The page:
The idea of Non-Fregean Logics emerged in the sixties together with Roman Suszko’s willingness to formalize Wittgenstein’s Tractatus [5,4]. Non-Fregean Logics (NFL, for short) owe their name to the rejection of the so called Fregean Axiom which says that the identity of referents of two given sentences boils down to the identity of their logical values . In NFLs semantic correlates of sentences are not their logical values, but situations. The language of an NFL is equipped with the connective of identity, , which is intended to reflect the fact that two sentences describe the same situation.
The weakest considered by Suszko NFL is the Sentential Calculus with Identity, SCI for short, build upon Classical Sentential Calculus by the addition of the following axioms characterizing :
Suszko’s identity refers to a congruence relation, and it is clearly stronger than equivalence. The only valid formulas having as the main connective are of the form `, in this sense Non-Fregean identity formalized within SCI is a very strong connective. This interpretation is usually relaxed by extending the axiomatic basis of SCI.
The tutorial Proof-Theoretical Analysis of Non-Fregean Logics, proposed for the conference Non-Classical Logics. Theory and Applications 2022, focuses on proof-theory for NFLs. We pay special attention to structural proof theory taking into consideration sequent systems and natural deduction systems. The issues of cut-elimination and normalization are discussed. We also outline ideas for possible extensions of SCI and its intuitionistic counterpart called ISCI.
We begin with a synthetic tableau system (ST-system, for short) for SCI. In this method there is exactly one binary branching rule and a collection of linear rules called synthetic or synthesizing, since they build complex formulas from their subformulas and/or from their negations. The identity connective is characterized by a collection of such synthesizing rules encoding the basic properties of congruence.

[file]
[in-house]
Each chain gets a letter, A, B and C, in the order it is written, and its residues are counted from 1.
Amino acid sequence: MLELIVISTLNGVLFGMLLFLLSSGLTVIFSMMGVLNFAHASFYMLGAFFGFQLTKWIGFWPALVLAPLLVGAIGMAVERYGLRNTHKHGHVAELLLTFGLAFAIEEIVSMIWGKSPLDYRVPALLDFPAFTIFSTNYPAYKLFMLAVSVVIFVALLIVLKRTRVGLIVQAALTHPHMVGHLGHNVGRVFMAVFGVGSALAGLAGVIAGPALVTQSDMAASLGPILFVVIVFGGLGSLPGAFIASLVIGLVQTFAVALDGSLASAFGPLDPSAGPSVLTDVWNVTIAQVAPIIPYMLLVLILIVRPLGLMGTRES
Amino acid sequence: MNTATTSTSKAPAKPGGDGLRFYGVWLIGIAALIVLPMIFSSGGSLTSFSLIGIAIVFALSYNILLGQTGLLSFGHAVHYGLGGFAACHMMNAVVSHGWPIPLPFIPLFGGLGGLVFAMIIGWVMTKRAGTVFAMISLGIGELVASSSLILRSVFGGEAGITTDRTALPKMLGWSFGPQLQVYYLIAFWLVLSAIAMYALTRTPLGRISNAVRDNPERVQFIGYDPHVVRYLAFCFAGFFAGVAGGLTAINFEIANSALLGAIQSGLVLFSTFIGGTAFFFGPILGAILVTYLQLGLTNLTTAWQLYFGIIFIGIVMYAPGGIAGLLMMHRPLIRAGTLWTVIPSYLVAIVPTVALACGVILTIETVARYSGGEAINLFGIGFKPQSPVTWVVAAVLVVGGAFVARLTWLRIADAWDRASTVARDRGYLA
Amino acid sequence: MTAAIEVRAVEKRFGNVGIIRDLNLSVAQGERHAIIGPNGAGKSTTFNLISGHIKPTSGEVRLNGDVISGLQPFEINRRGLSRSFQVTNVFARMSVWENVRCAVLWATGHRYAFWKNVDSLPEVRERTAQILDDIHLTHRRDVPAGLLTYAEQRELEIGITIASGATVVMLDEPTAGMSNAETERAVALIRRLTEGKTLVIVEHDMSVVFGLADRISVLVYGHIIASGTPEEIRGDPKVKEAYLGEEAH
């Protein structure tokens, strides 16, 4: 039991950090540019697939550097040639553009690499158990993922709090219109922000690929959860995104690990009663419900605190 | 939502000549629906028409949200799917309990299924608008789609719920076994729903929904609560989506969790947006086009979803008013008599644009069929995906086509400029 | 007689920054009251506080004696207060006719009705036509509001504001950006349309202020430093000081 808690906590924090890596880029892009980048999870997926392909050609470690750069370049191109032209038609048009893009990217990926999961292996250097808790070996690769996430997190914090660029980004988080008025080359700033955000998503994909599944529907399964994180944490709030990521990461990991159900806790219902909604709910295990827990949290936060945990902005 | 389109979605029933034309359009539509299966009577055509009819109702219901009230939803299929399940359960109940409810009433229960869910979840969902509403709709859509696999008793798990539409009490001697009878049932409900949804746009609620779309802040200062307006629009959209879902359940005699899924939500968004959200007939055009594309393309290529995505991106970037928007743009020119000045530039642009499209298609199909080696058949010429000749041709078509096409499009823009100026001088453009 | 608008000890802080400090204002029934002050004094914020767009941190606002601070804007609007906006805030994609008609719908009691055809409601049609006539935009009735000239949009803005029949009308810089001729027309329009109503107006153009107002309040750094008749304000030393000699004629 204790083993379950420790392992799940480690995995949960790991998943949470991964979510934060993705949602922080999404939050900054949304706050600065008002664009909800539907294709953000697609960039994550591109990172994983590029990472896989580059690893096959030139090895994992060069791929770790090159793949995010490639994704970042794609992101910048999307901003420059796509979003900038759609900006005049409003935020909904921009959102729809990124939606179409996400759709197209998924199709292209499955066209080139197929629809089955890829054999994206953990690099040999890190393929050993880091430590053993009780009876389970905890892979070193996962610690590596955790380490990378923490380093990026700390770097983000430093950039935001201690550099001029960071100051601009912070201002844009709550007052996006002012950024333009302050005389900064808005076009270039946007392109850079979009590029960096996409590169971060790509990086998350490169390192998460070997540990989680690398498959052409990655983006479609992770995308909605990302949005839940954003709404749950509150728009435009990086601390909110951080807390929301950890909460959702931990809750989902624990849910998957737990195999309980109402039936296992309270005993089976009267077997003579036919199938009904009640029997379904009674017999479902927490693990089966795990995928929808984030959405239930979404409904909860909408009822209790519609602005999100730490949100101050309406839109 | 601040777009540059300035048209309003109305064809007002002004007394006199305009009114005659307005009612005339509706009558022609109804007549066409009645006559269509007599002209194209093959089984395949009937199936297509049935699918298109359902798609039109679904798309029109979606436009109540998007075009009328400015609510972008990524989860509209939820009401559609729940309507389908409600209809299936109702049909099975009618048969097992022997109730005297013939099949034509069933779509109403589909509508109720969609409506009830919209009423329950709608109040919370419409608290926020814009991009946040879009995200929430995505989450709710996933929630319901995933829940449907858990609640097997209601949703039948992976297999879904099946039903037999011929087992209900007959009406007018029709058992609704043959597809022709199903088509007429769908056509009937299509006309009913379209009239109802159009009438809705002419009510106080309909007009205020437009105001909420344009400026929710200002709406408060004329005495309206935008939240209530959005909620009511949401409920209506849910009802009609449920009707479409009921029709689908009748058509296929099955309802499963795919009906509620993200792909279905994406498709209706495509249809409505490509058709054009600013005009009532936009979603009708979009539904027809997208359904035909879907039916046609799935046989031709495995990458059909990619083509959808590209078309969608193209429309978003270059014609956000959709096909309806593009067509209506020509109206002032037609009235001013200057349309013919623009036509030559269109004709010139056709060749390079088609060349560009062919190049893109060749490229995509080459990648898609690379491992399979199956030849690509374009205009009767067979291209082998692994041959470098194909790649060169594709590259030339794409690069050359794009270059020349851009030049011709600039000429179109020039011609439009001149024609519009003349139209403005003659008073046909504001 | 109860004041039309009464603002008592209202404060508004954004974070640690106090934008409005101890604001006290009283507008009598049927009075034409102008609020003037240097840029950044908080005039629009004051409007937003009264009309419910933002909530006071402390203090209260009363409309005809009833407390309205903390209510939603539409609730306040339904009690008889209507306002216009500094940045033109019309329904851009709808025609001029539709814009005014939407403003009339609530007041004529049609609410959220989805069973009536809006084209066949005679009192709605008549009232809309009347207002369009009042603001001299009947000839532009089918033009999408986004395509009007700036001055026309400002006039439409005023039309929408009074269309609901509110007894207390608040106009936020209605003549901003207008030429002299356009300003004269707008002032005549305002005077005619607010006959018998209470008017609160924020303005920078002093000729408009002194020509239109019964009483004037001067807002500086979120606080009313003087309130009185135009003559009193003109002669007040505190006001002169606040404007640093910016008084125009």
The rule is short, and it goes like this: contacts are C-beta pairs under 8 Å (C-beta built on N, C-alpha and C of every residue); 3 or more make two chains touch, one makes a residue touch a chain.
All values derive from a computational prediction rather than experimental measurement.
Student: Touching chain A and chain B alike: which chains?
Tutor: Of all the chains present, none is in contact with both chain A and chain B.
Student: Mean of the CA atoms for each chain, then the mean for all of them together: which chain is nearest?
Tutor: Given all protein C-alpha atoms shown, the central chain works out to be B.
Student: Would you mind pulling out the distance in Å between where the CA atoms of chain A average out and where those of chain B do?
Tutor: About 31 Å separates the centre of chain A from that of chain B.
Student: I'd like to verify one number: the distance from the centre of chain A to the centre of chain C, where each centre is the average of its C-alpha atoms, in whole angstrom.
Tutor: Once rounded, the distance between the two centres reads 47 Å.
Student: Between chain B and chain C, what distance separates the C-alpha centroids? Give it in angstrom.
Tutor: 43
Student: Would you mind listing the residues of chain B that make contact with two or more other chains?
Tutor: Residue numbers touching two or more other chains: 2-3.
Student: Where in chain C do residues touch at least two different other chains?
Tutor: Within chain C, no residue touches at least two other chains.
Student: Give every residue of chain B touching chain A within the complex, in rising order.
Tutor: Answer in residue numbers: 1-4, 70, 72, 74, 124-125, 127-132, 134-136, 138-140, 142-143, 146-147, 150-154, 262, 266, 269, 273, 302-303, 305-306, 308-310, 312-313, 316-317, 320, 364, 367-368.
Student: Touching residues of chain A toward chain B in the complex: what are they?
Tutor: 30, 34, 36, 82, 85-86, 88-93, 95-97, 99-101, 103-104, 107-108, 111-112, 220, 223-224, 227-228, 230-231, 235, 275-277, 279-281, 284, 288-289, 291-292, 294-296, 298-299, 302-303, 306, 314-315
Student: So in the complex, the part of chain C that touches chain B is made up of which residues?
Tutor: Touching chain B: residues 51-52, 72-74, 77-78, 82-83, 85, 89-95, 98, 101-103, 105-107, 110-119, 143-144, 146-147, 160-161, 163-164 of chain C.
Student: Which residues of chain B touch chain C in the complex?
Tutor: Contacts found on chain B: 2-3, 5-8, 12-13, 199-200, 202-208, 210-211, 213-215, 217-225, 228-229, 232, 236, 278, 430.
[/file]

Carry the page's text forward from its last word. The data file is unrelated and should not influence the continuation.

We then move to the structural proof theory for SCI; we present sequent calculus which encapsulates the main properties of identity expressed within axioms ()–(), . This particular calculus is then modified to fit the intuitionistic setting of ISCI, , for which we also discuss the decidability issue. We also cover WB — a Boolean extension of SCI obtained through the addition of six axioms extending the properties of the identity connective. Now, in contrast to SCI, we can consider a larger set of valid formulas built with the identity connective. We discuss a sequent calculus formalization of WB and its algebraic semantics. We also shortly discuss other extensions considered by Suszko: WT and WH.
In the remaining parts of the tutorial we focus on natural deduction systems for ISCI. Intuitionistic setting requires a constructive interpretation of identity, different ideas of which are discussed. This discussion, in turn, leads us to the identity’s relation to isomorphism, to which we come back in the last part of the workshop. We also address cut elimination in sequent calculus and normalization in natural deduction systems.
Most studied extensions of SCI are WB, WT and WH. We believe it is beneficial to consider analogous extensions of ISCI as well. Two usual ways of introducing extensions of an NFL are through the addition of axioms extending the properties of identity connective or by the addition of inference rules. Here we discuss less straightforward strategy. In WB a formula of the form is valid. Naturally, the addition of this formula to ISCI makes it an extension of SCI at once: the law of excluded middle becomes derivable and the starting-point logic is no longer intuitionistic. Thus we need to consider only those extensions that do not affect the constructive character of the logic. We consider two such extensions; one of them is related to the notion of propositional isomorphism, the other introduces a special case of the law of excluded middle.
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